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Geoffrey Rush trial judge appeared to be biased, newspaper claims in appeal

The newspaper is appealing the judgment and award of damages, arguing the amount given to Rush is “excessive”, and asking for judgment to be entered for them or for a re-trial to be ordered before a different judge.

On Monday, the newspaper’s barrister Tom Blackburn, SC, told the full court of the Federal Court that the damages for economic loss were “substantial” and based on a belief that Rush couldn’t work, which was “cobbled together with speculation and inferences”.

Mr Blackburn said Rush “delivered his lines in the witness box over a period of about three days” in the trial last year but “there’s one thing he didn’t say: ‘I’m unable to work because of these articles’. He just didn’t say it.”

Justice Richard White interrupted to say of Mr Rush delivering lines: “You mean he gave evidence”.

“Yes,” Mr Blackburn said.


The newspaper has argued in appeal documents that the trial miscarried because the way Justice Wigney conducted proceedings “gave rise to an apprehension of bias”.

This appearance of bias, the newspaper alleges in its appeal, can be taken from multiple parts of the case taken as a whole, including that Justice Wigney referred to the newspaper in “derogatory terms”, used a particular tone of voice, and made “other observations and comments giving the appearance of hostility … and pre-judgment of the issues”.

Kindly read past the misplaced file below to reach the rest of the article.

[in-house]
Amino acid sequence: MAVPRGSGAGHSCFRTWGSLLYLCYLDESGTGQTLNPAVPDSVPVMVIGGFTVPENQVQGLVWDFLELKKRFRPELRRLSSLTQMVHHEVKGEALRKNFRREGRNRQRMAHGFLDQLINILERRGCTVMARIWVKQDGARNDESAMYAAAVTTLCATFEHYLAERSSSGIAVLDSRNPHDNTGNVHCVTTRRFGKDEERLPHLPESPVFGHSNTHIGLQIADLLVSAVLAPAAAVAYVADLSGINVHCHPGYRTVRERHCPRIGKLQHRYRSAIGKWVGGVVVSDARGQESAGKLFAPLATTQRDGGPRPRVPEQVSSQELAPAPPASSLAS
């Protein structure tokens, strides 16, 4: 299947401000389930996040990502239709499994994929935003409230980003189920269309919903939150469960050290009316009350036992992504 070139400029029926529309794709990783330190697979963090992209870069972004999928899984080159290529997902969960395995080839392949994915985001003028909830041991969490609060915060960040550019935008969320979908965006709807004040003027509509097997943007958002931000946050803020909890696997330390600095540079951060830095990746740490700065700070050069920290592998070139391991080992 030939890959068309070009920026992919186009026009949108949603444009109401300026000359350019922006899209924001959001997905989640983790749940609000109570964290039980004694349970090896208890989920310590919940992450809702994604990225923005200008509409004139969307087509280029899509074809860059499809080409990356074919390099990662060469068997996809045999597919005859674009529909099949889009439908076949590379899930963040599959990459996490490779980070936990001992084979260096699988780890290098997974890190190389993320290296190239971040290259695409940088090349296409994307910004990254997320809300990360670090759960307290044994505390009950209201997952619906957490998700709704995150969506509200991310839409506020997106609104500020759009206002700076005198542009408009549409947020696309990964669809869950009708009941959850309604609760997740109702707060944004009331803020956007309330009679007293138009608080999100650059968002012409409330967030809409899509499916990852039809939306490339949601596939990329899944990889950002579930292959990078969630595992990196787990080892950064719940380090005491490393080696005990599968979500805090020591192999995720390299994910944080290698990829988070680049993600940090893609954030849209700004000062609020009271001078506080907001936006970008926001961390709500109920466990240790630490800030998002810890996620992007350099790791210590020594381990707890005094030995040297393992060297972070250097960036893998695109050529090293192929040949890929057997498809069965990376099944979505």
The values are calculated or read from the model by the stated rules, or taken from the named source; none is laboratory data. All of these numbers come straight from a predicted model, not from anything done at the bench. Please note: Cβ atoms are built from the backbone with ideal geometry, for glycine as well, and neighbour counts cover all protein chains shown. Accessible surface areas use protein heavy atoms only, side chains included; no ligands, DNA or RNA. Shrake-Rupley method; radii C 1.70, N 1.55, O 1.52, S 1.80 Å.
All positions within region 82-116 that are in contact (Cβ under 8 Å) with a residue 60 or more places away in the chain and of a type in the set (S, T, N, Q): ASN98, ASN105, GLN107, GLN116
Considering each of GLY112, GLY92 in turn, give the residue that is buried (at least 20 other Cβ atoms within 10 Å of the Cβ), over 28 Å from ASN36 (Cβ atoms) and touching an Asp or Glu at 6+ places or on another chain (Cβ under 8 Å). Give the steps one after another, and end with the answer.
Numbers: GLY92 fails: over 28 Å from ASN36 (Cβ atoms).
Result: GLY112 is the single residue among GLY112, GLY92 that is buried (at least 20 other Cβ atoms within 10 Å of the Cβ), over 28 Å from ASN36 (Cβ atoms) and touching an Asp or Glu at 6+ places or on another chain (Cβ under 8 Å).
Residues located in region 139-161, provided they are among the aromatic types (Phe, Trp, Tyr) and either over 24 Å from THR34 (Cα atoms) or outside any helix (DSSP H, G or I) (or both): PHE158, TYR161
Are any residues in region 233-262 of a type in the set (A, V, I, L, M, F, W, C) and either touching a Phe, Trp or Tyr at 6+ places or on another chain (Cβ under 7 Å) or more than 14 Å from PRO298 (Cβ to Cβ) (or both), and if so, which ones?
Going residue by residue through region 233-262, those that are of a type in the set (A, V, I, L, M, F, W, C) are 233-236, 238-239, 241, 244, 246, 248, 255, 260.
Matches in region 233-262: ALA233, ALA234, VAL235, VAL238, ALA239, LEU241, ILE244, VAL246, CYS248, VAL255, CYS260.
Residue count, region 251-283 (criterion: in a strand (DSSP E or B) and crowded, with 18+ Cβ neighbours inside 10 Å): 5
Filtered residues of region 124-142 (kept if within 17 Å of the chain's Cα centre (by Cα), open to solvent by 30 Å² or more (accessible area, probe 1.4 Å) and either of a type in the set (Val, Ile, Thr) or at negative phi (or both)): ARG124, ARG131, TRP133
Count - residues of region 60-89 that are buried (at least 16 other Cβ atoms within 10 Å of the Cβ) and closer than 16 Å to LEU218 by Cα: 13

Justice Jacqueline Gleeson said she had listened to the particular recordings of Justice Wigney nominated by the Telegraph and “wasn’t sure what tone I was listening for”.

“You’ll tell us what the tones are, at some point?” Justice Gleeson asked.

“Yes, your honour,” Mr Blackburn said.

The newspaper has argued that previous judgments in the case, including rulings that two potential witnesses could not give evidence, were also part of Justice Wigney’s appearance of bias.

One of those prospective witnesses, given the name “Witness X” during the trial, was later revealed to be Orange Is The New Black star Yael Stone. She later made public allegations that Rush danced naked in front of her and used a mirror to watch her while she showered. Rush denied the claims.

The other potential witness was Colin Moody, who played the Duke of Cornwall in the production of King Lear and was expected to give evidence that could potentially corroborate Norvill’s account.

Justice White said apprehended bias is “a very serious submission to make”.

Mr Blackburn responded, “It is a very serious matter, your honour, I don’t treat it other than serious.”

Rush sat in the court watching proceedings with his wife Jane Menelaus. His barrister Bret Walker, SC, is expected to make submissions on Tuesday.

The hearing continues before Justice White, Justice Gleeson and Justice Michael Wheelahan.

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